From dust to dust? Grace has the last word.

Photo: Artin Bakhan, Unsplash

I buried a saint named Grace. Her insistence that I do her funeral brought me out of retirement for a few hours. 

Grace was known for saying, -“Conrad can do no wrong.” Every -pastor needs a Grace in their corner. 

I long ago gave up the use of the formal liturgy of burial found in every ministry manual. But still, I always remind the gathered mourners that from dust we come and to dust we shall return. 

This time, I rejected that adage and said instead about Grace: “From home she came, and to home she has returned.”  

This column is taken from some of the things I said at the funeral.

Over two decades of ministry, it has not been uncommon for me to ask a family in times of grief whether their loved one had a particular verse they appreciated and for them to say, “We do not know,” or “We did find one verse underlined that must have been important.” These are families who have gone to church their entire lives. 

This has always concerned me, because if there is one thing I have emphasized in my preaching, it is that nurturing our life with God is the only way we ever come to life ourselves. We are shadows of who we might be unless our lives are grounded in regular time with God. 

I believe that when each human being is conceived, our Creator speaks a word of blessing over him or her. Every child is born with the imprint of God — a loving, gracious, compassionate God. 

Each one of us is born with gifts from God within us. These gifts, these attributes, remain true regardless of what we do with God in our lives — whether we turn toward God or away, whether we love or hate, bless or curse, embrace God or kick him in the shins. 

The only thing that can separate us from God is us. The only way any of us ends up in hell is because we choose to walk there ourselves. 

That is the beautiful thing about the grace of God, shown to us through Jesus, who came not to judge us to hell but redeem us for heaven. 

The grace of God never stops chasing us, calling our name and looking for us the moment we get into a jam.

Finding God is simply returning to the One who made us. Finding God is getting home after detours and accidents and terrible mistakes.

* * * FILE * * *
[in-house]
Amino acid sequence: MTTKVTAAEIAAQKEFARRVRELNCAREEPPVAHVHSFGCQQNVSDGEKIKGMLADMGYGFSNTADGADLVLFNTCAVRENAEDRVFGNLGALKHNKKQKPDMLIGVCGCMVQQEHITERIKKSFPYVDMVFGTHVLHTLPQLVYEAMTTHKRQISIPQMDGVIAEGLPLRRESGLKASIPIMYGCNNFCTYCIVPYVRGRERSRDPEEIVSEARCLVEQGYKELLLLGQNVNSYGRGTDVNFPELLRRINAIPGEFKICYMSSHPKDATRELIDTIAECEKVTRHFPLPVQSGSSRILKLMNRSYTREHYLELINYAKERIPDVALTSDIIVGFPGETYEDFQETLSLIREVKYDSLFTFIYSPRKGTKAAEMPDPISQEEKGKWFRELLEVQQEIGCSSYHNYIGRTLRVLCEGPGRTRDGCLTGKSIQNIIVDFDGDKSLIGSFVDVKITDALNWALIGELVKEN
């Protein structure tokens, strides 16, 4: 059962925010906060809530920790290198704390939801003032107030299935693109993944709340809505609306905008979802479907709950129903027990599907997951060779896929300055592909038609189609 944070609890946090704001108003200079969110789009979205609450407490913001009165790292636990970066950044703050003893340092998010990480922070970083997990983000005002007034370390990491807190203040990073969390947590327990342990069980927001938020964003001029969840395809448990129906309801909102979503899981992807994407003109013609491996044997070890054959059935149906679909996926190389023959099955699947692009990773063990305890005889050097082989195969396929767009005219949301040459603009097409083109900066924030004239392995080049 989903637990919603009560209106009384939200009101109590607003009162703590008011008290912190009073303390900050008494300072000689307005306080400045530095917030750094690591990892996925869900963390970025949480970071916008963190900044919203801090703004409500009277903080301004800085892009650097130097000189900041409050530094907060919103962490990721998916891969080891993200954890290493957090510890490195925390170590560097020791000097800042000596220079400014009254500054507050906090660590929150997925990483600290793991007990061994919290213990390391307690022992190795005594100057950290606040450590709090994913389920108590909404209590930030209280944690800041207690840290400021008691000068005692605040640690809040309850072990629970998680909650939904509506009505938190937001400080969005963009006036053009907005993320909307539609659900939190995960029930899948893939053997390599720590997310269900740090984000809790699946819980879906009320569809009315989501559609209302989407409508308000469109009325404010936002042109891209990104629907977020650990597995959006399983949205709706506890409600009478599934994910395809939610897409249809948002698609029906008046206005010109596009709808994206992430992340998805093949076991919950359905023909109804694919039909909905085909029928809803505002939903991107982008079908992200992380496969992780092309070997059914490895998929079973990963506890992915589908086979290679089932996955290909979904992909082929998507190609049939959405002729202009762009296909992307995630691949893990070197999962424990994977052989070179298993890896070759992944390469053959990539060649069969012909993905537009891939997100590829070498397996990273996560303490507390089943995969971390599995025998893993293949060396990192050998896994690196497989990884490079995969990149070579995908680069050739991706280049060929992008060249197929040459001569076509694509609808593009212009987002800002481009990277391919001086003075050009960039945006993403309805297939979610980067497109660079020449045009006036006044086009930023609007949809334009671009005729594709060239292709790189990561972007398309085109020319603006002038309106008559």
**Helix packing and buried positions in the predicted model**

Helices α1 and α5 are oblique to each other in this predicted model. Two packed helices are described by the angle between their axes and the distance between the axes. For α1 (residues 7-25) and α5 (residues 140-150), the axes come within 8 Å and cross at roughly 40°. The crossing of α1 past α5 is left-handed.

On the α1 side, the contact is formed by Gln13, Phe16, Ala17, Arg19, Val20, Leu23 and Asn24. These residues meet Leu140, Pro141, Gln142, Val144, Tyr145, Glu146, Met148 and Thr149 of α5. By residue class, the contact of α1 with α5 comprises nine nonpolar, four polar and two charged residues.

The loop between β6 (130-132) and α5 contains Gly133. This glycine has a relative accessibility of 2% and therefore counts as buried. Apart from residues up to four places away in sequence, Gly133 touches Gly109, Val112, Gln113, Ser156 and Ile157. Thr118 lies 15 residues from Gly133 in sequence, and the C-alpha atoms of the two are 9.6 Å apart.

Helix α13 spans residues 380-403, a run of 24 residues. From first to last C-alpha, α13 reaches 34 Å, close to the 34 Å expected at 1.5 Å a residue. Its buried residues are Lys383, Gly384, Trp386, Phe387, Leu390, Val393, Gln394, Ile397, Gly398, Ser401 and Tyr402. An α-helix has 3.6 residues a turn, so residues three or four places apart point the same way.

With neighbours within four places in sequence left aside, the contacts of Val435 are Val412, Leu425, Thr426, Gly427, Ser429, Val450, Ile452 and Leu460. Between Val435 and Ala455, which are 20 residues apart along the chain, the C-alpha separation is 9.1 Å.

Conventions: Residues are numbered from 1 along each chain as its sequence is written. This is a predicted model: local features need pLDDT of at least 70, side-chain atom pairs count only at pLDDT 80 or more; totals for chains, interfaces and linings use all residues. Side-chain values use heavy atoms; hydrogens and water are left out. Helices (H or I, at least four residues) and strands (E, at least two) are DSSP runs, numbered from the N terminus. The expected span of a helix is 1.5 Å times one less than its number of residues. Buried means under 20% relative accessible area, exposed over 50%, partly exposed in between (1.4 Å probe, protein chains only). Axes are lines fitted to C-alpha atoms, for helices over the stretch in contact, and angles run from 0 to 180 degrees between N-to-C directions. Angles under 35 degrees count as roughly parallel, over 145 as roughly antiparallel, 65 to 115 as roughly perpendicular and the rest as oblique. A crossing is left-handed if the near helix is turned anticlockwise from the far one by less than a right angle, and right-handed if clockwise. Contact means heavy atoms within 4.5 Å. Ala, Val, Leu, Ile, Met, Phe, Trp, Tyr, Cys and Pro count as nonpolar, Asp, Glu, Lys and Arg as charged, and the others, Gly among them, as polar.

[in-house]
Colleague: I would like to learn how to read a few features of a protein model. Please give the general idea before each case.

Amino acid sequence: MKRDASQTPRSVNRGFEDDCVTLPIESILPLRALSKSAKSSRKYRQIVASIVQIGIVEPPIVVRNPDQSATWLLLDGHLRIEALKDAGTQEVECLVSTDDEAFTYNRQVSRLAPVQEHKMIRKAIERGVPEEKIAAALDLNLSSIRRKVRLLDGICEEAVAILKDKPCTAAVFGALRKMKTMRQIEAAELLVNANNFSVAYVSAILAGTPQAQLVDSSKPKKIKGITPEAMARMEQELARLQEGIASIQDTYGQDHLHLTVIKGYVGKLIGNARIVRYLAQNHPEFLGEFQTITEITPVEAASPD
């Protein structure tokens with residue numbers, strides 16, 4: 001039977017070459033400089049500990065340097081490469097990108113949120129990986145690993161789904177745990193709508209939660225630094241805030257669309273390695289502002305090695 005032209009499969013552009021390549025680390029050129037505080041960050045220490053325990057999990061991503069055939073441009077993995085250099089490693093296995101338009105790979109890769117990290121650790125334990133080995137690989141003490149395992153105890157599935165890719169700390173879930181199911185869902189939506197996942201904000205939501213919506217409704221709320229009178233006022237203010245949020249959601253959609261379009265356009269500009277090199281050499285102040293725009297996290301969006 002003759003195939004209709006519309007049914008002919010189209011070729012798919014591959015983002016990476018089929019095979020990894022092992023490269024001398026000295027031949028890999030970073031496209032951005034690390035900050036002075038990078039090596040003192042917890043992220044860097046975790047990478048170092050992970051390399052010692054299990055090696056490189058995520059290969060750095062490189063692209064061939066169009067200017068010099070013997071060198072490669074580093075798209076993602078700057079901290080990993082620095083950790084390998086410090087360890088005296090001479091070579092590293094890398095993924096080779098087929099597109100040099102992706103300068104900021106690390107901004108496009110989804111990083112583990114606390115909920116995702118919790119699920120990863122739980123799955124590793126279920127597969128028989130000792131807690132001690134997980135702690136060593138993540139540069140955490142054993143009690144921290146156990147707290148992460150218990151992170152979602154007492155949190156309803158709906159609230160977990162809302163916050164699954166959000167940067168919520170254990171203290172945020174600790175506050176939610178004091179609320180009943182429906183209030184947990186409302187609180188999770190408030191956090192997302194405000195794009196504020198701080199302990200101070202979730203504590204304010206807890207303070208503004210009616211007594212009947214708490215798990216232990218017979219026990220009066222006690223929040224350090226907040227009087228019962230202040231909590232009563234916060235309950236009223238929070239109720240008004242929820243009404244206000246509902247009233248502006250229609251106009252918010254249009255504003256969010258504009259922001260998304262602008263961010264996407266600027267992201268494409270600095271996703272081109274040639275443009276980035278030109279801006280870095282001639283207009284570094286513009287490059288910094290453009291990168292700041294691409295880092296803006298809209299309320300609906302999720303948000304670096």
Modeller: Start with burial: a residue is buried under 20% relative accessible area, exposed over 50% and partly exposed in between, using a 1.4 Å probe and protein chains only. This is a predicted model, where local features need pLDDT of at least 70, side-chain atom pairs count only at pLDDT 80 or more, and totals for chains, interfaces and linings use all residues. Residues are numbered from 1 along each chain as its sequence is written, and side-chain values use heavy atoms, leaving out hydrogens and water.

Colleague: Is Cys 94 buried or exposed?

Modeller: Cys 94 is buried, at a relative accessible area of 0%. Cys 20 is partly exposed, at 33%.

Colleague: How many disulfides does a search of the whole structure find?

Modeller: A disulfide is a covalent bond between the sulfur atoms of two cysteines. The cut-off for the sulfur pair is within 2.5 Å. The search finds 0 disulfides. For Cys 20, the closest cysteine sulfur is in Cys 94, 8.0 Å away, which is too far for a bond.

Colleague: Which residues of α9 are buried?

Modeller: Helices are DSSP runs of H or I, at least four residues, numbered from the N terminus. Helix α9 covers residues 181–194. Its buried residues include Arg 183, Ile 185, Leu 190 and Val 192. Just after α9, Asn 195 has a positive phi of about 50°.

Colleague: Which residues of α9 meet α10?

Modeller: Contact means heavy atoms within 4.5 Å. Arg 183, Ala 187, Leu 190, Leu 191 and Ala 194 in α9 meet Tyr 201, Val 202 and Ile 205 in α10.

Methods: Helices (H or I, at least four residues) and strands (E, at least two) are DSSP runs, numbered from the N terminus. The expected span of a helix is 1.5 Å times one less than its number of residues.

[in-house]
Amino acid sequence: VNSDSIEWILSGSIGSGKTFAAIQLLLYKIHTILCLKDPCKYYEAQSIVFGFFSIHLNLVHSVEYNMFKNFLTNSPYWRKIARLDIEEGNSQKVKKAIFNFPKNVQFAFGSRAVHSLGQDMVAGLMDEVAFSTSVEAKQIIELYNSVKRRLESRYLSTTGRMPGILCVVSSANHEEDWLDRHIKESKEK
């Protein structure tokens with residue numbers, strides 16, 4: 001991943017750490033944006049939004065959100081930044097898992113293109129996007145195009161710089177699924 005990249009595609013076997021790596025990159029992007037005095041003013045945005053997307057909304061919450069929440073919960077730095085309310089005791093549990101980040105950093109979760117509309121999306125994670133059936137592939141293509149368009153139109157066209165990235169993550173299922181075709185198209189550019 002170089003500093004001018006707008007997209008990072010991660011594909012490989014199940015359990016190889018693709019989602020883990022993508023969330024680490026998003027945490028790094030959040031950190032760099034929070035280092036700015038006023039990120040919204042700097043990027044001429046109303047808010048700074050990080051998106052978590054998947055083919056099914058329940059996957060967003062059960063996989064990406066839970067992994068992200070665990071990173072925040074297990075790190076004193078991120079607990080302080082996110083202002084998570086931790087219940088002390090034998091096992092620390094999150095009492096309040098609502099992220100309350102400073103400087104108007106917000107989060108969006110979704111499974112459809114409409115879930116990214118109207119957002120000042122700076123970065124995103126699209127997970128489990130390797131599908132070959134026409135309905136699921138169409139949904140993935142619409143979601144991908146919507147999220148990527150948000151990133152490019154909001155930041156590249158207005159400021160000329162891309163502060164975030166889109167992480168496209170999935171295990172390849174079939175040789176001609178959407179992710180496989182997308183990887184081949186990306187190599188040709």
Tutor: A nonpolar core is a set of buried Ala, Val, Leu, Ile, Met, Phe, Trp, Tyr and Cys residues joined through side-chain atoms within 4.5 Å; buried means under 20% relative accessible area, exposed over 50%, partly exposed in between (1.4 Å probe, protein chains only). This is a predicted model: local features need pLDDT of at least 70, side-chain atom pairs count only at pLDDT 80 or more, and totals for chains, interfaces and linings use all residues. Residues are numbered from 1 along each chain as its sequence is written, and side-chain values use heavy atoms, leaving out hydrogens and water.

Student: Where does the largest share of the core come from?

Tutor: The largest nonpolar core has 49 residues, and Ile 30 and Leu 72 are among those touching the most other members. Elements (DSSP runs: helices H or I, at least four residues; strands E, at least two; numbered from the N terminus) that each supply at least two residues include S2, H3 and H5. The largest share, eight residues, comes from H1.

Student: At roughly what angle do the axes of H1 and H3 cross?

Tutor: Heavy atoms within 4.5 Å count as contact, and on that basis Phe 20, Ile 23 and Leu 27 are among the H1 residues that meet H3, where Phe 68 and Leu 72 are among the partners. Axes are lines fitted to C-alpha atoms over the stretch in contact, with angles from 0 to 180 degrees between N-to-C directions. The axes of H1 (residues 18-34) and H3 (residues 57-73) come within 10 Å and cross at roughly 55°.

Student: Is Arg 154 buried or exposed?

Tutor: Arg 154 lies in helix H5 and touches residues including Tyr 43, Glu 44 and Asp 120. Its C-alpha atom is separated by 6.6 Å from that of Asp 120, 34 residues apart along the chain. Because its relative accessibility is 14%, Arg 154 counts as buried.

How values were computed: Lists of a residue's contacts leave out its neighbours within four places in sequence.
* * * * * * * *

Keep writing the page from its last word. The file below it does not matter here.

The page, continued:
The moment we walk in the door — or, rather, the moment we let God walk into our lives — we are embraced as if we had never left home in the first place. 

That is what turning to God is. It is finding the One place and the One being who will receive you just as you are. No matter what. 

As I spoke with Grace’s children, a consistent theme was this: “Grace received us repeatedly, loved us regardless, over and over.” Because grace does that, and God does that. 

Her children also shared that Grace was not shy to speak words of warning, rebuke, discipline, caution. Tough words. But all the while, spoken in the context of a grace that says you are always welcome here. 

Grace was tormented at times by the question we all face: How do we love and embrace while also cautioning, correcting and reminding? 

I think true grace is always a bit tormented. Jesus reflected that torment in the Garden of Gethsemane before going to the cross to destroy the power of death for all time. 

“Father, must I do this? Yet not my will, but yours.” 

I am sure that God is still tormented when we turn away from God’s love, care and forgiveness. 

Turning back toward God, even after a long time away, is not complicated. 

As Jesus was crucified alongside two thieves, one of them simply said: Jesus, remember me. Jesus, see me. 

Jesus saves me because I cannot save myself. Because I may feel too far gone and too deeply down to have any hope of finding my way back home on my own. 

If Grace is now waiting for her children, how much more is God waiting for us to say: See me, Jesus. Remember me, Jesus. Forgive me for not coming home sooner.  

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